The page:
There are still far too many unanswered questions when it comes to the police brutality during the G-20 weekend in Toronto.
On whose orders were peaceful protesters beaten?
Why were journalists targeted?
If we had read similar personal accounts from outside of Canada, we would have been aghast, believing that something like that could never happen here.
These were blatant human right abuses and they took place in OUR country.
There is an excellent accounting here, with downloadable posters.
According to Jim Coyle in the Star:
... much of this city’s self image — was shattered during a policing embarrassment that scooped up hundreds of innocent citizens, while vandals were left to run amok on Yonge St. trashing shops and police cruisers. There are many more answers to be had about what how that shameful exercise came to occur. But, unhappily, the Ontario legislature defeated a private member’s bill Thursday that would have provided for a public inquiry into the events.90 police officers are facing disciplinary action for hiding their identity at G20, but disciplanary action means the loss of one day's pay. How is this justice?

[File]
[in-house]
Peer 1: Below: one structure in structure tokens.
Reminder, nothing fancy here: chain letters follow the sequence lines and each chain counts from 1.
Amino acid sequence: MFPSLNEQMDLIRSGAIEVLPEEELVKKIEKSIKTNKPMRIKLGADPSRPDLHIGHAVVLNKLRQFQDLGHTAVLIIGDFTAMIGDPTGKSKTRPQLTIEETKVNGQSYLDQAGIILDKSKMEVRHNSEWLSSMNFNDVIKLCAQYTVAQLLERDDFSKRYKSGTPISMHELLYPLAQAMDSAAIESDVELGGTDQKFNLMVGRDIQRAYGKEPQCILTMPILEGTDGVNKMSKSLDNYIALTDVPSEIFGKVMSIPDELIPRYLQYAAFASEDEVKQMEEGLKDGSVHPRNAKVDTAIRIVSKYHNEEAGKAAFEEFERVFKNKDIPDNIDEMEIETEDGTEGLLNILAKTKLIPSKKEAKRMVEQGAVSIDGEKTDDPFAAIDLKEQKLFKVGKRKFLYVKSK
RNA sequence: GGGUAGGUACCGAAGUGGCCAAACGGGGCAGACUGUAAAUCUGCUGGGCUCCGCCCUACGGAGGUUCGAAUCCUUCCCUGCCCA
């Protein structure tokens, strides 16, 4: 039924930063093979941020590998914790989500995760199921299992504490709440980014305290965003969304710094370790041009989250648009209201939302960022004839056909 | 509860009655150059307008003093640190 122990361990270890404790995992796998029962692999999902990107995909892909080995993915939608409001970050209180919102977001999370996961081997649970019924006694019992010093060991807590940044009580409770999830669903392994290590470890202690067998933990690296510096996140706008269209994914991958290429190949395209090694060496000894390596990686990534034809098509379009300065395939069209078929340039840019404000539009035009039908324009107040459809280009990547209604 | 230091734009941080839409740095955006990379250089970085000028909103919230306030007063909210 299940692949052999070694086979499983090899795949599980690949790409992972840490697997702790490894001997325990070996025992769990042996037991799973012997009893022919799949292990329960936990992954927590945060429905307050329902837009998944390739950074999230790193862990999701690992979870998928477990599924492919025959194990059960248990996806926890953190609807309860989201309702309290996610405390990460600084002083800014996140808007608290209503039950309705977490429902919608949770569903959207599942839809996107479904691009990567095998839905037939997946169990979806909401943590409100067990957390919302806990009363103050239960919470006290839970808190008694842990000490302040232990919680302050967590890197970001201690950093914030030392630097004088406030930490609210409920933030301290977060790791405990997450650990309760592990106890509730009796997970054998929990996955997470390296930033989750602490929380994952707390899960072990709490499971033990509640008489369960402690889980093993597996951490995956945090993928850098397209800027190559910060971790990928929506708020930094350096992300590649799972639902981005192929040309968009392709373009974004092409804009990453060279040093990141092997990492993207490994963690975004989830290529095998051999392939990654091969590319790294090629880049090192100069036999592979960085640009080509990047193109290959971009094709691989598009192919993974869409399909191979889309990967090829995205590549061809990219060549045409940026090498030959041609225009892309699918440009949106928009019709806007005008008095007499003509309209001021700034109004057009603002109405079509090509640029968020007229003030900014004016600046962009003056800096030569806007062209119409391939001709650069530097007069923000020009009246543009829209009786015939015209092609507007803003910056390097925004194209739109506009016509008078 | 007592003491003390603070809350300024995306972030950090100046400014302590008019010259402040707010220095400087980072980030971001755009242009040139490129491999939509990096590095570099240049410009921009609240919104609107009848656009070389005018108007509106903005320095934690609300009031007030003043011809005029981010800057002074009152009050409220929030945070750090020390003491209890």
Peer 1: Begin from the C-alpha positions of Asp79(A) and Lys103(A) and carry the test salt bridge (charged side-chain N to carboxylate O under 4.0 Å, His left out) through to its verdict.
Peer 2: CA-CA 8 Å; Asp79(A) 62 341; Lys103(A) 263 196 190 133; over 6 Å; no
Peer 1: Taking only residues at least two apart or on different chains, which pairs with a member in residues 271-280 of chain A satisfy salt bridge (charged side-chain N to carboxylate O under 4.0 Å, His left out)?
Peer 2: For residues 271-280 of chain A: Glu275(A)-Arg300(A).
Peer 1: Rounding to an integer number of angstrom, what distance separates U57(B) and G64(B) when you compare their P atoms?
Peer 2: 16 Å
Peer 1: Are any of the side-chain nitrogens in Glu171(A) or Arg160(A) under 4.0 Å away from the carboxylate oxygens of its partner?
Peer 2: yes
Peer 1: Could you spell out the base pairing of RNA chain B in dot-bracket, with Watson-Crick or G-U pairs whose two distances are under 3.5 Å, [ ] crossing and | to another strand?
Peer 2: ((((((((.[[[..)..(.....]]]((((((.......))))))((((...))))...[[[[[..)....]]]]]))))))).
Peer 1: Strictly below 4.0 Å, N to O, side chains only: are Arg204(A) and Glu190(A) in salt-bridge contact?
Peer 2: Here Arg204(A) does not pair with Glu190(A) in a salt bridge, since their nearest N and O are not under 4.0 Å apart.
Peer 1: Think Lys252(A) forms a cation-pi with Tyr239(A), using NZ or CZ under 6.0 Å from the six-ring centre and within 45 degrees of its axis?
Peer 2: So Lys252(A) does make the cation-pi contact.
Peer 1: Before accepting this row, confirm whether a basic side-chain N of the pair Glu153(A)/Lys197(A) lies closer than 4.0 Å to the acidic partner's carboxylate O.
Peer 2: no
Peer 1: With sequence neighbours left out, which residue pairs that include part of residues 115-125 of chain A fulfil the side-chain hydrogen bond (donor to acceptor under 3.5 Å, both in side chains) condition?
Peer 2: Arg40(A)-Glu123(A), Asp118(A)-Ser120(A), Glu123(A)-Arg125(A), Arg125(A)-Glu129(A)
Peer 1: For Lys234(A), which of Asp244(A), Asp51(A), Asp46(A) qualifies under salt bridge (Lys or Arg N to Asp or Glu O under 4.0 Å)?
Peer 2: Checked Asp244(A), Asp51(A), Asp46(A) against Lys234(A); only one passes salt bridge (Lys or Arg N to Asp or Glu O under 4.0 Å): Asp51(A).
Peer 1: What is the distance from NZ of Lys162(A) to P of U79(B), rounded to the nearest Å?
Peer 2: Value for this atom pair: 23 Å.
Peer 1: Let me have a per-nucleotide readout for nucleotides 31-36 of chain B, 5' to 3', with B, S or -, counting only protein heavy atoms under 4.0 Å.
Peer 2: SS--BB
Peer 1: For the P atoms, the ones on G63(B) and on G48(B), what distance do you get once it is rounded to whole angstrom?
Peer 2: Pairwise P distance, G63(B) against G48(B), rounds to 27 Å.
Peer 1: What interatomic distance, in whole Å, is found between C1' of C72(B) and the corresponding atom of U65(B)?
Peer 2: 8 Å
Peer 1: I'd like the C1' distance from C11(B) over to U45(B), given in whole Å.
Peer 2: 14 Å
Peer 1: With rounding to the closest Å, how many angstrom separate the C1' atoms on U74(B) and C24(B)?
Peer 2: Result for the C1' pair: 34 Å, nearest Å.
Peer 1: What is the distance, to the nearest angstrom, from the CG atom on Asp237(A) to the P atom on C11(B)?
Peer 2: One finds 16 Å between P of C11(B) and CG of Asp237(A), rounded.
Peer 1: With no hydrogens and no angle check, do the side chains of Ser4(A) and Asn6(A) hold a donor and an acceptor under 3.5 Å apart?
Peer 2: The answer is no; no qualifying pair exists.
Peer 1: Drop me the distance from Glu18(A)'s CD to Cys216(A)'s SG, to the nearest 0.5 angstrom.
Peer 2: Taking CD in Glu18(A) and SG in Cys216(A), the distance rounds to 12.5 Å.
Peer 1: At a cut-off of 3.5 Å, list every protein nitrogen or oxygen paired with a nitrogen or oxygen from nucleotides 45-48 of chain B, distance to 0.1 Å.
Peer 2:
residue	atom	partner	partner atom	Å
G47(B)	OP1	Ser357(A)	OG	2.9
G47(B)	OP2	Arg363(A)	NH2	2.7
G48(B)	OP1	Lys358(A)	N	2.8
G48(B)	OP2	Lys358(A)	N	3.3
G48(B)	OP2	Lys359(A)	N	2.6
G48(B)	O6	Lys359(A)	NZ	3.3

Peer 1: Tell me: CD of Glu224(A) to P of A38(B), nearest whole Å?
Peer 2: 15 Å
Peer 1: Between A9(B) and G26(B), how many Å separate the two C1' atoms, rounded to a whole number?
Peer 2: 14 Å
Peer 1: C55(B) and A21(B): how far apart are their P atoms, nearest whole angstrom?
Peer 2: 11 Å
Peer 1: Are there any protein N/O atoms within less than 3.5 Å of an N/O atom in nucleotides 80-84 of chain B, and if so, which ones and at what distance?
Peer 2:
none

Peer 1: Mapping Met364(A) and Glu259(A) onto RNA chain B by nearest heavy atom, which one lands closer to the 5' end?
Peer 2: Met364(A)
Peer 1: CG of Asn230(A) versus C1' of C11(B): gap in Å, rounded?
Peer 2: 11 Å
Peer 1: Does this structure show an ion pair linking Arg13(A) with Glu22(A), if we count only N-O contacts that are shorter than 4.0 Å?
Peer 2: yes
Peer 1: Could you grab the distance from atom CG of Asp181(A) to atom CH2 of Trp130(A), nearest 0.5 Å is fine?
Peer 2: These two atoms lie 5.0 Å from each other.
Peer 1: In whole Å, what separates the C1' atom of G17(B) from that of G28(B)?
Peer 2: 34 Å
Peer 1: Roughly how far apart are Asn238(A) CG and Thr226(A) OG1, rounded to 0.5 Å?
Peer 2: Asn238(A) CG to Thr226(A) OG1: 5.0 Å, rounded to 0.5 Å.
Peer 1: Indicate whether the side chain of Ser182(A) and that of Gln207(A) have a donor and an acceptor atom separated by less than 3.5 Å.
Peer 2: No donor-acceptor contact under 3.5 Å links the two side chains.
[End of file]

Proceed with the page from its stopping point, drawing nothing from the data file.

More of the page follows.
“Who was making the decisions? Who was giving the orders? Where was the supervision of those police officers?” asked New Democrat MPP Peter Kormos. He called the police response to peaceful protest and dissent regrettable, shocking, disturbing, reprehensible.
And not only was this a weekend of unheard of brutality in this country, but it was also an orgy of spending, while Stephen Harper was inside preaching austerity.
The federal government wracked up bills for refrigerators and microwaves from Future Shop, pins, pullovers, and gifts, and huge hotel bills for meetings as it spent almost $860-million on the G8 and G20 summits in June.We need a FULL public inquiry. Nothing less.
The biggest costs were on security and policing, with the RCMP wracking up $330-million including $65-million for temporary accommodations, $39-million for command centers and buildings, $44-million for meals and travel and $33-million for private security firms. Another $15-million was paid for “perimeter security” – fenced-off zones – and $18-million for “specialized equipment.”
As CCLA General Counsel Nathalie Des Rosiers told the committee: “Either we will emerge (from the G20 weekend) with stronger democratic institutions . . . and better policing or we will have tolerated mass violations of civil liberties with callous indifference.”This is simply not good enough.
So far, Ottawa and Queen’s Park have taken the latter course. Rather than calling a broad public inquiry, they point to various and sundry mini-reviews already underway. Each will shed light on a certain aspect of the G20 weekend, but none has the necessary mandate to link all the political and police decisions or the power to compel evidence under oath.